Keeping your vaginal area cool and dry is important both during treatment and to prevent a recurrence. Wear underwear with a cotton crotch and avoid too-tight pants and pantyhose. You may want to switch to wearing skirts or loose pants at least until the infection is cleared.

Exercise is fine during treatment, including swimming. However, be sure to change out of wet swimwear or sweaty exercise clothes as soon as possible. Also, be sure to launder these items between each wearing.

Be sure to wipe from front to back after a bowel movement to prevent transferring yeast that naturally occurs in the bowel and rectum to the vaginal area. This also helps prevent urinary tract infections.

Vaginal Care

Condom or oral dam use can prevent the passing of yeast to and from your sexual partner. It is possible for a male partner to get a yeast skin infection on his penis or have irritation from a vaginal treatment product. If you're using one, remember to read medication instructions to ensure that it doesn't influence condom effectiveness.

If you're advised to avoid vaginal sex during the treatment, be sure you know when you can resume safely. Post-menopausal women and women who use oral contraceptives may find using a vaginal lubricant during sexual intercourse helpful in preventing vaginal discomfort and irritation that can lead to future yeast infections.

If you are using a vaginal cream or suppository for treatment, refrain from using tampons, as they can block or remove the medication. Opt for a deodorant-free pad or liner if menstruating or just to protect your clothes from leakage, and change it often to prevent additional moisture build-up. Douching is never advised and it is especially to be avoided while you are clearing a yeast infection.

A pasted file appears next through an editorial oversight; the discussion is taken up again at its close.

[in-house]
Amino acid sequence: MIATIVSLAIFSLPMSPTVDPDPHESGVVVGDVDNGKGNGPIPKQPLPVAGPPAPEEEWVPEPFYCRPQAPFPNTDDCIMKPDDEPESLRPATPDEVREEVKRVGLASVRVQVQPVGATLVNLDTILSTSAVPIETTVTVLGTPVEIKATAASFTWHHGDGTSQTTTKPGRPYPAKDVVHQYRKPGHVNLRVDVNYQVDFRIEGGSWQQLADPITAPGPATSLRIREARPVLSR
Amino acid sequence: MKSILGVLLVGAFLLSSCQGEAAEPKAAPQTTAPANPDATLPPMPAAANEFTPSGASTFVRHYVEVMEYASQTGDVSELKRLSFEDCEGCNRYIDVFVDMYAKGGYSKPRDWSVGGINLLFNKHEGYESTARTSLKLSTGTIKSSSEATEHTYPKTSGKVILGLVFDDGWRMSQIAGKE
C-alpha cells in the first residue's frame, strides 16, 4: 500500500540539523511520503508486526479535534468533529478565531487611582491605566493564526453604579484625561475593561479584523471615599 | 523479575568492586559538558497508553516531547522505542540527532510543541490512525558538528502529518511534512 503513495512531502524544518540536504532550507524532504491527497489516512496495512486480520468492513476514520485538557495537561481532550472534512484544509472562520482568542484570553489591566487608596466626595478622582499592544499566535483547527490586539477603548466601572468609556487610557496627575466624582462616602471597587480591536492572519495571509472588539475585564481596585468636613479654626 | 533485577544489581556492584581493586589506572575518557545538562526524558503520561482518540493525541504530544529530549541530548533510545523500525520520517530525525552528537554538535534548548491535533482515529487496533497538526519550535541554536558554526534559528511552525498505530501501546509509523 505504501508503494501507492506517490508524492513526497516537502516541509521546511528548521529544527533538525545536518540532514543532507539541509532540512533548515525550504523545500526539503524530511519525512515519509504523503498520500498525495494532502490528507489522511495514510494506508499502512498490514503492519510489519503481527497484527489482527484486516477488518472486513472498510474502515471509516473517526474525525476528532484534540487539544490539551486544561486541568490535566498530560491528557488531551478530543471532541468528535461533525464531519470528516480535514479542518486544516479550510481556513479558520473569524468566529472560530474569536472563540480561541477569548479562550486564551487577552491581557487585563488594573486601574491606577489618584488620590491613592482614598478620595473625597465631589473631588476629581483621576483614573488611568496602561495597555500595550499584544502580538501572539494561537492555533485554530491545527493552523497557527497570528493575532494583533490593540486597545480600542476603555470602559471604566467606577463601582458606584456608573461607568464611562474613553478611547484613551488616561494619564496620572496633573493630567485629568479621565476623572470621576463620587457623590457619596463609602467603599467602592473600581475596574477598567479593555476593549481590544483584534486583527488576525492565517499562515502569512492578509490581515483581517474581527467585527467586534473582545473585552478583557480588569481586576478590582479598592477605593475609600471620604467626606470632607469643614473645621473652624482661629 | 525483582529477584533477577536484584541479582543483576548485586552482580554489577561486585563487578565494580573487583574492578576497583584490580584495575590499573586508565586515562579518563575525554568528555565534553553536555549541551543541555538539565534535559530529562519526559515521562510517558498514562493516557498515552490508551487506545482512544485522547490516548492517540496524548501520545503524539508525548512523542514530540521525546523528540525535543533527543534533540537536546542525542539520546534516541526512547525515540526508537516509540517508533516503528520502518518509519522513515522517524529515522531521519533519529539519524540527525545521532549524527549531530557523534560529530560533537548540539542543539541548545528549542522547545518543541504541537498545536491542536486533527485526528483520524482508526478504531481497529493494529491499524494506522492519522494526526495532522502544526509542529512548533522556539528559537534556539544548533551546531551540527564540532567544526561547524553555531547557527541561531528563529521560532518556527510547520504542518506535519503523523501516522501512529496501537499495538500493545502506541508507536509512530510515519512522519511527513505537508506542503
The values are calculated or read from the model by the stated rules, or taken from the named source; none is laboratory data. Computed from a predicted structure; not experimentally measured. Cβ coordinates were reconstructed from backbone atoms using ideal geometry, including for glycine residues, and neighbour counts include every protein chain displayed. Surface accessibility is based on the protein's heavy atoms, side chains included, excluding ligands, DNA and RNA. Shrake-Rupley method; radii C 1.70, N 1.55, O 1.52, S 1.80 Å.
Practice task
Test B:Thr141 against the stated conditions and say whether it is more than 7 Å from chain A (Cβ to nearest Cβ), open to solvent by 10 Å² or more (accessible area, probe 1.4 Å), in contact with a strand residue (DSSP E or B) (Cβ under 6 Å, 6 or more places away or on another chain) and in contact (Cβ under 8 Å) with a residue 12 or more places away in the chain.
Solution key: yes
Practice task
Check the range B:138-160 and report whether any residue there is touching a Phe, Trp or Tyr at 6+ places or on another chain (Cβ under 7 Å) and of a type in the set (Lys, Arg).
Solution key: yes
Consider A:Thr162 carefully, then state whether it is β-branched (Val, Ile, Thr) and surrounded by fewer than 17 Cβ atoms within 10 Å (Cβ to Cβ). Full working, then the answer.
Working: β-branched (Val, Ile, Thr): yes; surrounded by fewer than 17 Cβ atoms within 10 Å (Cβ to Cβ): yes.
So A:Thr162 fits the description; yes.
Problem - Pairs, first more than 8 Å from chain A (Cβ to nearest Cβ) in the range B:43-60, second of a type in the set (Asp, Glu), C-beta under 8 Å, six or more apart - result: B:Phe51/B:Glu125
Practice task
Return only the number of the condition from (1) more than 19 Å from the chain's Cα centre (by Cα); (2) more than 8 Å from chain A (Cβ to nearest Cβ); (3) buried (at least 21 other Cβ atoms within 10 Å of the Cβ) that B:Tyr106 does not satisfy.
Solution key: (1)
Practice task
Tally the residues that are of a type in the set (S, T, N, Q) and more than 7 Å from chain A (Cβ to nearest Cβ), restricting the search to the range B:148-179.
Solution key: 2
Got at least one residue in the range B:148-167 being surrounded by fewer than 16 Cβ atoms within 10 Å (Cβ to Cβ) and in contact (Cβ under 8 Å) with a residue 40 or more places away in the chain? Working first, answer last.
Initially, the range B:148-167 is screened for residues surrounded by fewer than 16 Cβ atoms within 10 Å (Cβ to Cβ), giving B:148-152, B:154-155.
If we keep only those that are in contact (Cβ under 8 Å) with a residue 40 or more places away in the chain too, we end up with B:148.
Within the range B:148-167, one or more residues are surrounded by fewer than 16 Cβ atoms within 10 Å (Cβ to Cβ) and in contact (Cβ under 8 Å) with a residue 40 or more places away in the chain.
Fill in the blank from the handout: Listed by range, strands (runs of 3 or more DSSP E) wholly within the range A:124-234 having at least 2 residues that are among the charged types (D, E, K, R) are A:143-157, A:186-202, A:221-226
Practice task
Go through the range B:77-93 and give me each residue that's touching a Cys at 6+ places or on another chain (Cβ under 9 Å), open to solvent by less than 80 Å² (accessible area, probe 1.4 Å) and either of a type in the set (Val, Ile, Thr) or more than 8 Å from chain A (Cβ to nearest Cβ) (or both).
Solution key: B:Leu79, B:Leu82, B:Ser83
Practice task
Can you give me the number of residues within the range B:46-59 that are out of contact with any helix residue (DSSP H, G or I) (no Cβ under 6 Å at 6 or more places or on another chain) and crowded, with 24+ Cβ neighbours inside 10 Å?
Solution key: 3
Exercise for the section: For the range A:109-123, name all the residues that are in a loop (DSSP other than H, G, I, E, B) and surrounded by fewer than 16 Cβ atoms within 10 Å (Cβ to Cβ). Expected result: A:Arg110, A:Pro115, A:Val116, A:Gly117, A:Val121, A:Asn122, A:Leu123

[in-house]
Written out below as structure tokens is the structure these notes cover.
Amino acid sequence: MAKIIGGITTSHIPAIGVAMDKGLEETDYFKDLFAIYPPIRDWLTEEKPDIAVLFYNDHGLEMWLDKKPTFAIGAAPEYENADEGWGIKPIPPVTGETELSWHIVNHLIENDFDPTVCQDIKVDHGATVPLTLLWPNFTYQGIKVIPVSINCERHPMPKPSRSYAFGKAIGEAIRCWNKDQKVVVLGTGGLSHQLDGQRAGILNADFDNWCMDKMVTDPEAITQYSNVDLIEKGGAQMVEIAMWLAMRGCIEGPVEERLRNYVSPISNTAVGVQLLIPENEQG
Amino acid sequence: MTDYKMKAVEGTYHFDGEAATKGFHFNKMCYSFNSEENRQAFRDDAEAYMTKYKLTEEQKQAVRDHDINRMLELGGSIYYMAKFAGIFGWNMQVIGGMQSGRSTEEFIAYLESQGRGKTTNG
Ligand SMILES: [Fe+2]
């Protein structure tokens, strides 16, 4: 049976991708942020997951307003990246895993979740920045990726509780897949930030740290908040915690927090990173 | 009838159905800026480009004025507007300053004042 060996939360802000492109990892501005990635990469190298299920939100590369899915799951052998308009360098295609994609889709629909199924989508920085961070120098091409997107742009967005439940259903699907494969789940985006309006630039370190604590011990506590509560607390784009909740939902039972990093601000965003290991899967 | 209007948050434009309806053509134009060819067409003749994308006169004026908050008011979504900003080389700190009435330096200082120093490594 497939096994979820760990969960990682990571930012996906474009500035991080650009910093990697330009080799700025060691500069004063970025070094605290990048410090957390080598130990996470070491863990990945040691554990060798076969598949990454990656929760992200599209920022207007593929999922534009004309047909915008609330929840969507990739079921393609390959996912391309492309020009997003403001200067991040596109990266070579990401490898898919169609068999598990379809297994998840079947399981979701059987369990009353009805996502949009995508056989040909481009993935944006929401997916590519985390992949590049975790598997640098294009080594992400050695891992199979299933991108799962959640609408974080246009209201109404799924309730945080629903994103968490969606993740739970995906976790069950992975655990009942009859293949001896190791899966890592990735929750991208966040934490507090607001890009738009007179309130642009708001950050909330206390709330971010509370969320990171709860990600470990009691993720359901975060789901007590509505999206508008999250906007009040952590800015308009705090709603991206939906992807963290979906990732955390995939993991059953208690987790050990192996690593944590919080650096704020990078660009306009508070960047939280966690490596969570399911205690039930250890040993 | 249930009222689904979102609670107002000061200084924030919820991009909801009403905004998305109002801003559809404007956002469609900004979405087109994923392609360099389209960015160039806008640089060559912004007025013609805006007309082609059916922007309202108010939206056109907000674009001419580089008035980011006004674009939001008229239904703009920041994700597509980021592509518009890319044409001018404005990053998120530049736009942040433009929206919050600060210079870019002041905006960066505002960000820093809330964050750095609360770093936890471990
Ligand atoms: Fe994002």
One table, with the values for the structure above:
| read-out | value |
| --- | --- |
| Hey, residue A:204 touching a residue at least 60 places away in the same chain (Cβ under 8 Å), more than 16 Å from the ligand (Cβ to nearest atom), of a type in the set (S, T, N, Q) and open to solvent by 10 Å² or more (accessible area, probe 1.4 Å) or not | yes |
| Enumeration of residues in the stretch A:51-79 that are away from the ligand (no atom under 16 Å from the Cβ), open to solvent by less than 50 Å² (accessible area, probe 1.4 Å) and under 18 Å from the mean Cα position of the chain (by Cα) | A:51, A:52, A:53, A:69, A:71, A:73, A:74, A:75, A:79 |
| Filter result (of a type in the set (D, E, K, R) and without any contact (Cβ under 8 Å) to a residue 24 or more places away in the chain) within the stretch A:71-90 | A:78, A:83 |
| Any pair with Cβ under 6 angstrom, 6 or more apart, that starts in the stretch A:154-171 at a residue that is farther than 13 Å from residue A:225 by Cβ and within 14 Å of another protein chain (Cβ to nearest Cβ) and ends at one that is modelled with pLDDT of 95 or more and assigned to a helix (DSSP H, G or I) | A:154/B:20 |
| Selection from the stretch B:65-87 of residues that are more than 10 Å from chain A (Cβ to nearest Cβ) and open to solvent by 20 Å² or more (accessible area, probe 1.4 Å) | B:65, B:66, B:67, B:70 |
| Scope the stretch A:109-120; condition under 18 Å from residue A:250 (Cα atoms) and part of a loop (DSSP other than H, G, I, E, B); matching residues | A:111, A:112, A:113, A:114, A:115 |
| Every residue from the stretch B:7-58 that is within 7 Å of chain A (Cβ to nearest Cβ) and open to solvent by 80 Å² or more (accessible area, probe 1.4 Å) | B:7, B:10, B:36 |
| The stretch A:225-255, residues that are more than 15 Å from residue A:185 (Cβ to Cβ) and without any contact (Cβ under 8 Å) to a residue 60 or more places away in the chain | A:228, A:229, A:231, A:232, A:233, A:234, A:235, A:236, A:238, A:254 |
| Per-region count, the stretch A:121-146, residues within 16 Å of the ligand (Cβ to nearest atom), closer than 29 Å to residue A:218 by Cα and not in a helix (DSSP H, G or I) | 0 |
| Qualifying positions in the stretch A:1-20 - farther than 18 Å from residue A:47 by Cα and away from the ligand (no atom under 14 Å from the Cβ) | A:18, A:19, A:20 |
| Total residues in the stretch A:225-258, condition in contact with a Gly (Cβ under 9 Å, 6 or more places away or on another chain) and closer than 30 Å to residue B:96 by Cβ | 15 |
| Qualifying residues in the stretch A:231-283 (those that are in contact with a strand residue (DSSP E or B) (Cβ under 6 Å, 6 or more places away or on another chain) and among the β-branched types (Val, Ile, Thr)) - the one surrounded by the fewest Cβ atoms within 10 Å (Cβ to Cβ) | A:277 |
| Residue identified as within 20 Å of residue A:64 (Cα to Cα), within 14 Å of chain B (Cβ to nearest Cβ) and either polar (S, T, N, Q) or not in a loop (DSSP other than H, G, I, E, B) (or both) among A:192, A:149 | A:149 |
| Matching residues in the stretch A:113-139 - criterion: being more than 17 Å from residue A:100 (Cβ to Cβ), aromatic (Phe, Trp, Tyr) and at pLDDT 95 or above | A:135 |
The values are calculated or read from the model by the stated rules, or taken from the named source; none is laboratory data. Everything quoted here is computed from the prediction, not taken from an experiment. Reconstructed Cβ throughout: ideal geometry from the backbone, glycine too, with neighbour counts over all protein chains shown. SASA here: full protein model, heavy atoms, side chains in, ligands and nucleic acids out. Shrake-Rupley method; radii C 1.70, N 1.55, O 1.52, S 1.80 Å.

Advice for Relieving Yeast Infection Symptoms

  • Sit in a warm bath (but don't add perfumed bath products)
  • Avoid soap and just use plain water
  • Don't douche, and don't use feminine hygiene sprays or powders
  • Wear cotton underwear
  • Avoid tight-fitting clothing, like pantyhose or skinny jeans

Complementary Medicine (CAM)

You will see suggestions to use a variety of non-pharmacologic remedies. There are a couple that are supported by research, to different degrees.

Boric Acid Suppository

Use of a boric acid suppository is accepted as a treatment for Candida species other than the most common one, Candida albicans, which responds well to the usual treatments.

The boric acid is contained in a gelatin capsule, and you can get instructions on how to make your own using over-the-counter boric acid and a fillable size 0 or 00 gelatin capsule. You should be sure that you get medical advice on using this; 600 milligrams, once or twice daily for seven to 14 days is usually recommended.